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Troubled Times at the L.A. Times

I grew up reading the Los Angeles Times. Back when I was a teenager and a new immigrant to this country, I read the Times religiously - first just the numbers in the back of the sports pages, then gradually the contents in the voluminous sections. I literally learned and improved my English by reading the Times.

Spending the week in L.A., I discovered that the Times is but a shell of its former self. Check that - saying so would be giving "shell" a bad name.

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The near-death spiral for the Times appears to be continuing unabated. On Saturday, the paper announced that it's trimming another 300 jobs. And it's also eliminating the "California" section, the primary local news page of the paper. According to a well-placed source, the morale at the paper has reached an all-time low.

That's saying something. This will be the fourth massive layoff by the Times in the last 12 months. After this round of reductions, the newsroom staff will be down to about 600, roughly half of its size in 2001.

The mass and frequent layoffs, not coincidentally, mirrored the plummeting circulation numbers of the paper. While it's still the fourth-largest paper in the country, the Times has experienced a readership loss that's unrivaled by any metro daily in the U.S. In 1998, the LAT's circulation was well over 1 million. At the end of 2008, it's down to 773,000.

Many point to the Times' troubles to its acquisition by the Tribune Co. in 2000. And it's not difficult to see why. The constant downsizing of both staff and content drove many readers away. The Times used to publish separate sections in both San Fernando Valley and Orange County, but they were both shut down in 2006 as readers fled to the Daily News and Orange County Register, respectively.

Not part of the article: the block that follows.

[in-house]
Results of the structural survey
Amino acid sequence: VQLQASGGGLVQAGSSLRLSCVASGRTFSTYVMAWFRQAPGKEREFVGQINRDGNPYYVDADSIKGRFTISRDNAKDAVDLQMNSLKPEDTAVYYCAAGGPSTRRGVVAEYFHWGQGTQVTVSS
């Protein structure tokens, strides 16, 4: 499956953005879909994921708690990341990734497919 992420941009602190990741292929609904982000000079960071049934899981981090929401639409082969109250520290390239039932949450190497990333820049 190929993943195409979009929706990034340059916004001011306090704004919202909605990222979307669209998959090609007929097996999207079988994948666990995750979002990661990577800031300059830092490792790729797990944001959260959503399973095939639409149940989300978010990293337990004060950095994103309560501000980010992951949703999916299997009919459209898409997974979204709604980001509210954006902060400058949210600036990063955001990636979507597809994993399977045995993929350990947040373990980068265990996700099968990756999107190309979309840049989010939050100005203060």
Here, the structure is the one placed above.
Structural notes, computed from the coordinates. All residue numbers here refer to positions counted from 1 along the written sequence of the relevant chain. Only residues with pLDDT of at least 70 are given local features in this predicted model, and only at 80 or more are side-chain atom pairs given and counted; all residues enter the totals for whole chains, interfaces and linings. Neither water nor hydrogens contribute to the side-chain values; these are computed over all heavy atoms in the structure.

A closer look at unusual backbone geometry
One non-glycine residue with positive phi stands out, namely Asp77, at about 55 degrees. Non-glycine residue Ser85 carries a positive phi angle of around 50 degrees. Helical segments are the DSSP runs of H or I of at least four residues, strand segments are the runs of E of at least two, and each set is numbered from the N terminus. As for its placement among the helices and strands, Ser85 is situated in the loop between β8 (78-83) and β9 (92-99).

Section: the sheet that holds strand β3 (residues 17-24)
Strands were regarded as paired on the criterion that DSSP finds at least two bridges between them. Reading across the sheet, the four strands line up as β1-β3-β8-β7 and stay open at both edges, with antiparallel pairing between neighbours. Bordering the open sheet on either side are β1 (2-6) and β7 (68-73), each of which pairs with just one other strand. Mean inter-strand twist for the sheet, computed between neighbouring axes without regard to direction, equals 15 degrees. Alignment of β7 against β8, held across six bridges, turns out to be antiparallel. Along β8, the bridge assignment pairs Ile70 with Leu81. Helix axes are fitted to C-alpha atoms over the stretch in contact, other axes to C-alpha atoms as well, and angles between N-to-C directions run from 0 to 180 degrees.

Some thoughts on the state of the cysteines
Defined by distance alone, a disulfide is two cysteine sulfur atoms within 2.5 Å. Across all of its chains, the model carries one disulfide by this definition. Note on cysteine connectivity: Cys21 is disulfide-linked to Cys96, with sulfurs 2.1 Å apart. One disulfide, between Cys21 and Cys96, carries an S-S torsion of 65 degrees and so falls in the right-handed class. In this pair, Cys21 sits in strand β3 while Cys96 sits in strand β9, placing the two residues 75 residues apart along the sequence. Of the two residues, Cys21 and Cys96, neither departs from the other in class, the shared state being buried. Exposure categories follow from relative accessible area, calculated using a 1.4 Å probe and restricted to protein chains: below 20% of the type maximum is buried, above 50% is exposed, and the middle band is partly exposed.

Moreover, the Times was slow to react to the challenges of the Internet age. Until initiating "The Spring Street Project" in late 2006, the Times web site was known for its unreliability and difficulty to navigate, leading to a scathing internal memo to describe the publication as "not web-savvy but web-stupid." To this day, the Times is still playing catch-up, as the traffic at latimes.com is dwarfed by other media portals and many papers with much lower circulation numbers.

The memos from publisher Eddy Hartenstein and editor Russ Stanton spelled out the latest round of changes (the Times is so sick of its internal memos being leaked by the staff, now it puts them up on its own web site so it doesn't get scooped!). Stanton managed to spin out this gem:

We are all too familiar with this process, but over the past year in particular, we have come through each of these downsizings and continued to produce some of the highest-quality journalism in our industry. We simply don't know how to do otherwise.

And to reward their readers, the Times also just jacked up the newsstand price from 50 cents to 75 cents.